Is repainting the interior of your home on your to-do list for the new year? For the 2012-2013 season, homeowners are predicted to take the leap into deep and vivid hues this year, according to PPG Porter Paints' Insider's Color Guide. They'll go for colors that stir the senses and set them in motion. Their choices will be the vibrant, optimistic colors that pack a punch and can't be ignored. Their spaces will be full of strong contrasts – heavy and weightless, shadow and light, hot and cold. Bold colors that help them stand out in a crowd and showcase their individual personality.

If you're shopping for paint to update your home décor, one of these four new color palettes may just fit your taste and lifestyle:

Local Revival
This trend is about unplugging from a complicated life and living more simply and in harmony with one's community. Materials are strong and honest classics: leather, wood, aged metal. Design forms are simple and familiar; antique-industrial and retro-mechanical. Folkloric patterns tell the stories of generations. The palette is a mix of red berries, stone gray and solid brown refreshed by a creamy white.

Beauty Queen

This palette speaks to the unapologetically confident. It's the return of glam with a disco sophistication. It's high-intensity color that can turn light and airy on a dime. Lush and mysterious, soft and fresh – the built-in contrasts sensation-seekers want. Ultra-slick surfaces like Lucite and mirrors capture the best spirit of the 70s. Sharp fuchsia pink and juicy purple are softened with cosmetic pink and freshened with this year's brighter teal and white.

Quiet Tech
It's impossible to unplug without a place to escape to, so minimalism is the foundation of this trend. Rooms have visual interest without complication. Details and embellishments are kept to a minimum. Pale and mid-tone wood tones don't overpower the space. Shapes are rounded and tactile to keep rooms from feeling barren or cold. In the palette, ink blues play with earthy and calming neutrals.

Deco Candy
Bringing together vibrant colors and fun design, Deco Candy transforms a home into an intensely joyful playground. A vivid harmony of citrus accented by this year's bright blue, clean green and tangerine, the color scheme is irresistibly optimistic. Stripes and color-blocking bring a sense of organization to what could otherwise be too boisterous a spectrum of hues.

For more information about choosing the right color scheme for your home, visit


Is Your Loan Modification Stuck?

October 27, 2011 9:08 pm

If you’re on the verge of losing your home, or you know someone who is, then you also know about the long, bureaucratic process involved in applying for a loan modification from a lender. The most common approach is to apply under the new Home Affordability Mortgage Program (HAMP), but lenders also accept modifications from mortgage holders because lenders really don’t want to take the house – they just want their money.

In many cases, however, the approval process takes longer than many homeowners can afford. But one expert believes it doesn’t have to be that way, and that there are solutions for homeowners whose applications seem stuck in the mud.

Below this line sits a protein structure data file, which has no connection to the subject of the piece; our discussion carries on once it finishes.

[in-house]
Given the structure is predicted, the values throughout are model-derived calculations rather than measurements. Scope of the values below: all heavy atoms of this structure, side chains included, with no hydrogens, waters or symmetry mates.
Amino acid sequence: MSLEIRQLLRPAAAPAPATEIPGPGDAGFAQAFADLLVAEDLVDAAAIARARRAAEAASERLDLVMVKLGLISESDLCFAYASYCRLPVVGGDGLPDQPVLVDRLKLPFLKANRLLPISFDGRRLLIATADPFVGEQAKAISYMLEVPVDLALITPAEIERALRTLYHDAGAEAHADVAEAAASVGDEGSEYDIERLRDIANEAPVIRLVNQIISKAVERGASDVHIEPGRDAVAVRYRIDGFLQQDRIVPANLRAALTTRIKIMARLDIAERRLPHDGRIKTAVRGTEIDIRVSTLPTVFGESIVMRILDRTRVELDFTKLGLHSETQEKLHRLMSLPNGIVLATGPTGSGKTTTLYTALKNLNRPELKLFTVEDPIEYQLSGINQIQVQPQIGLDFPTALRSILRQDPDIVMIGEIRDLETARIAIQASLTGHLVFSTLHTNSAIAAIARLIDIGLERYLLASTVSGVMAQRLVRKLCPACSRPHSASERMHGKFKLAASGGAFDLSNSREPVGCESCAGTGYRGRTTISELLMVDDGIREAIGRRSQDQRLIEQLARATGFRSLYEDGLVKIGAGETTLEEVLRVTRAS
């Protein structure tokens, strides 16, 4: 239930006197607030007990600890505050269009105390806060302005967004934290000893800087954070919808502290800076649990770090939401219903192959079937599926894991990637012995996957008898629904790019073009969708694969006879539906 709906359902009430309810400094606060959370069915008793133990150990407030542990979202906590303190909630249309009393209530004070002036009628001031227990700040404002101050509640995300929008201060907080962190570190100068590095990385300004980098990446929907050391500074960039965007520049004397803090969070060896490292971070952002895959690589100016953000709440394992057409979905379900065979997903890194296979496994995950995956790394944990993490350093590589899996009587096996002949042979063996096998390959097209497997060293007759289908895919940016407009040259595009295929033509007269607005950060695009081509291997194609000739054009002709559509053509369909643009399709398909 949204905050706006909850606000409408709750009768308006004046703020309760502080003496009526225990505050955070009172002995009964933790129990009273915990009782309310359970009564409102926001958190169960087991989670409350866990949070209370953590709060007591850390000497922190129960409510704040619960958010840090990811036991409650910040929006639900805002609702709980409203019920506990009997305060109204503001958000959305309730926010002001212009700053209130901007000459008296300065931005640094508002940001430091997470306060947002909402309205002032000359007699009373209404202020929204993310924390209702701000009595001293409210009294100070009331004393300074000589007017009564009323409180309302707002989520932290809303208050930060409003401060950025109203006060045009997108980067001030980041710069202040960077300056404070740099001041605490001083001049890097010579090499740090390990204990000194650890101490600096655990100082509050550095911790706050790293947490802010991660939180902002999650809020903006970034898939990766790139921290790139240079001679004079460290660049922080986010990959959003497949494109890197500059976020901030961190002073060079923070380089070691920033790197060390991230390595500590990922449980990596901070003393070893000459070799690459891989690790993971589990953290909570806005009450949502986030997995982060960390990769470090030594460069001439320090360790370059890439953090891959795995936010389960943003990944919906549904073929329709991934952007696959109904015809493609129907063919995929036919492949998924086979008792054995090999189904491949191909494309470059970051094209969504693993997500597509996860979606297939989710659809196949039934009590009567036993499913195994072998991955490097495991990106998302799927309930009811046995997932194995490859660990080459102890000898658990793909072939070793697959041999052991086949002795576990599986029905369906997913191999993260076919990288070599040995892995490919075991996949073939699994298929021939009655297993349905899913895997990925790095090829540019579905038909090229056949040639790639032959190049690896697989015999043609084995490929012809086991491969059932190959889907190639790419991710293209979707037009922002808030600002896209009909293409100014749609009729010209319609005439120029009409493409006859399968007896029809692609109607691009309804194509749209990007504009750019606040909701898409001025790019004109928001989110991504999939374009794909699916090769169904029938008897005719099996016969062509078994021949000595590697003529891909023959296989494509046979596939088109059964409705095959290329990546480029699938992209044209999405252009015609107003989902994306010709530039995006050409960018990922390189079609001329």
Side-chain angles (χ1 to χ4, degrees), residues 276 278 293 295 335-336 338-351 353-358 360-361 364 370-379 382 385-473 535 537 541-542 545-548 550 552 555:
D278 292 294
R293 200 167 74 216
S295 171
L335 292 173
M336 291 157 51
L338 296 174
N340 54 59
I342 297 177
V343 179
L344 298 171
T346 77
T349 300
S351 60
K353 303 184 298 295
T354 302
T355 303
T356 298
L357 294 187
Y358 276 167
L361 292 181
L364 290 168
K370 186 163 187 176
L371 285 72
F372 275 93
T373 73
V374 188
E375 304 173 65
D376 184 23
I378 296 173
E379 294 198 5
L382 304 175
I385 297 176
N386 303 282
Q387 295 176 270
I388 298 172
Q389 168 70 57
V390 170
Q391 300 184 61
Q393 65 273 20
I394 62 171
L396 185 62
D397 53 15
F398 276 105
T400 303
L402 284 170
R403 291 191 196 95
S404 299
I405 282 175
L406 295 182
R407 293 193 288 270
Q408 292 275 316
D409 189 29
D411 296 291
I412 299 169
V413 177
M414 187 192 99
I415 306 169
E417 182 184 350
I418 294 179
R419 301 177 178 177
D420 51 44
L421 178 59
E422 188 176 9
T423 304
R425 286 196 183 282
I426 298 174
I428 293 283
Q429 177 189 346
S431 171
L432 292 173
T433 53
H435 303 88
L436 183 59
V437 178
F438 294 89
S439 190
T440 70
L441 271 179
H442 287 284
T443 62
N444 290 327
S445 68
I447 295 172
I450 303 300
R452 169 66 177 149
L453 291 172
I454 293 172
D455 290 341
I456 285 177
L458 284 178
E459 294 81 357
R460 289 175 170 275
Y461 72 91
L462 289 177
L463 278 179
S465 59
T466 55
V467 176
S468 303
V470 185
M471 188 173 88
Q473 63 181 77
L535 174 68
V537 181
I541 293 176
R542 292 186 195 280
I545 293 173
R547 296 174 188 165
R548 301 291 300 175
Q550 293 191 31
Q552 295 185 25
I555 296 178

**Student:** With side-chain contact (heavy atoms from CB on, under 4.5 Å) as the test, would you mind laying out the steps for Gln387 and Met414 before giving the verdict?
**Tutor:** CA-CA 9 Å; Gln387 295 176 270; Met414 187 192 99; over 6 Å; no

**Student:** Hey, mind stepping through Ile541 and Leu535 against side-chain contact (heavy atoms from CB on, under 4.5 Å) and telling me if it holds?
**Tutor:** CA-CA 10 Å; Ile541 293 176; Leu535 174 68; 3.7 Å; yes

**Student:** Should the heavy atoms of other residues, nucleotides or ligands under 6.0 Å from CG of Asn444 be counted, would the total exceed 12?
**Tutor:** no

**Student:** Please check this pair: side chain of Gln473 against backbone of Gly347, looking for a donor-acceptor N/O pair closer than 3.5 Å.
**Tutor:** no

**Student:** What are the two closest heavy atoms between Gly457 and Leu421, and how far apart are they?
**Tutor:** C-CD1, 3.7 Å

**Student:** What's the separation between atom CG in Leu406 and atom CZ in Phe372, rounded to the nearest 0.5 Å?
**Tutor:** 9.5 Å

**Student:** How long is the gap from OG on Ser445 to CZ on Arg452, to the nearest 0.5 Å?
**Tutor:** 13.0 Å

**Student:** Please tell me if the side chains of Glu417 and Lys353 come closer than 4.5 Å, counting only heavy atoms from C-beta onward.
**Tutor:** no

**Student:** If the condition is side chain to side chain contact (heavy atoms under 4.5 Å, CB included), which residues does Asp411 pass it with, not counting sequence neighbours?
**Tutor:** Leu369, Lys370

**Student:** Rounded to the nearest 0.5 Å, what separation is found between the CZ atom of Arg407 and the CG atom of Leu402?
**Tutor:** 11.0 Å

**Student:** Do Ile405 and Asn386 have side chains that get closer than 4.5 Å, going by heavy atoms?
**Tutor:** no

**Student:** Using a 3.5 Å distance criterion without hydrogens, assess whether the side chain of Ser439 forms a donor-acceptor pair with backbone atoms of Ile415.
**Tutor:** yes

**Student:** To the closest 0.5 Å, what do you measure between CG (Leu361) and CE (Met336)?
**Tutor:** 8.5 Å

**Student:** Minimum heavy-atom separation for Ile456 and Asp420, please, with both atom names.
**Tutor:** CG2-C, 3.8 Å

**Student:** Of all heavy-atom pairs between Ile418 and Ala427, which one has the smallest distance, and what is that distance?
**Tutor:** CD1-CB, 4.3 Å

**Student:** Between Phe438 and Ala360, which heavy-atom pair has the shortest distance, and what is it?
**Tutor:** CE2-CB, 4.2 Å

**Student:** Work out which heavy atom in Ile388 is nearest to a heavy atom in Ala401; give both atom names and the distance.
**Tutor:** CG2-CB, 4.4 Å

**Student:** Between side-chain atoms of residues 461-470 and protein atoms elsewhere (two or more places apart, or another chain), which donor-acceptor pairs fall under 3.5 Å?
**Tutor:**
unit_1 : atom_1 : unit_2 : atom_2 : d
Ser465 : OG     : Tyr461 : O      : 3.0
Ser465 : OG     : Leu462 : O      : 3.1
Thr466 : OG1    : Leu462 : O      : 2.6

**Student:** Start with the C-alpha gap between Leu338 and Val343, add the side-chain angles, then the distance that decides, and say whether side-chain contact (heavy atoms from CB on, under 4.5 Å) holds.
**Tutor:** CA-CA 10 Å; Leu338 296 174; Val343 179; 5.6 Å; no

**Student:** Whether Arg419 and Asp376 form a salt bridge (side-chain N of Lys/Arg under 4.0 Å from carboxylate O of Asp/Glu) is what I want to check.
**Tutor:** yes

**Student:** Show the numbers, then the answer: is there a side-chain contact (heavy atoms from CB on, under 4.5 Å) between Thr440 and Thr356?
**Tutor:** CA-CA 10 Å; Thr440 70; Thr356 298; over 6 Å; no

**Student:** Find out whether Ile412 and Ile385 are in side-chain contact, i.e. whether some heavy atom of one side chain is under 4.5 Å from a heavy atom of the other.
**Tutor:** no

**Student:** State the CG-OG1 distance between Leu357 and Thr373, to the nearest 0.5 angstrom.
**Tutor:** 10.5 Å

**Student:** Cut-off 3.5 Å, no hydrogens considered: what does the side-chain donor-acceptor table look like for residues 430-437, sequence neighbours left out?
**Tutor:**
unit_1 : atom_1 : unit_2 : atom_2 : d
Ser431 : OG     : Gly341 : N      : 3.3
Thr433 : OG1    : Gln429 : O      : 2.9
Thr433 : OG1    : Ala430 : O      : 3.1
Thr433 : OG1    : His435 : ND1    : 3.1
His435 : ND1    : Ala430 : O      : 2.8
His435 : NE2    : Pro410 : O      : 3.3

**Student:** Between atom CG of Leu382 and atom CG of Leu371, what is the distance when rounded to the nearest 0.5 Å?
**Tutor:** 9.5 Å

“Applying for a loan modification can be an extremely stressful process,” said Stephfan Nurse, CEO of Consumer Education. “Even if you send in your documents and your lender tells you everything is okay, you may still have a great amount of anxiety because you have no idea what the lender is doing with your file. You may not know what the next step is and how long it takes to move through each step in the process. Your lender may tell you what the next step is, but you may not understand why it will take so long. There are reasons, however, why the process can get stuck, and there are ways to move that process along, if you understand what goes on behind the scenes.”

Nurse’s tips for making the process smoother include:

Account Numbers
– It often happens that when you fax your paperwork to your lender, the lender either says they lost your paperwork or they just didn’t receive it all. This isn’t because they are incompetent. It’s because they receive thousands of faxes each day, and they use an image scanning technology to capture them all and place them in the appropriate file. In that system, a cover sheet that has your account number on it will get placed correctly, but the following sheets that lack your account number can be easily misplaced. The solution is to put your account number on every page of your paperwork, so they have a better chance of placing all your paperwork in your file.

Complete the Paperwork – When your file gets assigned to a document manager, typically about 30 days after you first applied for the modification, the document manager’s job is to check to make sure all your required documents are ready to be submitted to the negotiator/specialist for review. If you have an incomplete file, even if you’re missing just one single required document, the document manager will note your account as having an incomplete file and move on to the next file to review. At this point, a generic letter is automatically mailed to your home requesting the additional information your file lacks. This letter can take up to two weeks to get to you, and then another two to four weeks before they look at your updated information. The key is to never send an incomplete package to your lender. It can lead to a delay or even a flat out denial.

Follow Up – Finally, follow up every week with your lender to make sure all the documents they have are up to date. Don’t worry about being a pest. After all, it’s your house on the line if things get stuck in neutral. If you do this consistently, you will avoid getting caught in the delay cycle.

“The process is like any other, and it can be rife with mistakes and bureaucratic snafus,” Nurse added. “But if you take the steps to reduce the opportunities for error, your application can move through the process much faster and you’ll have a much better chance at being approved.”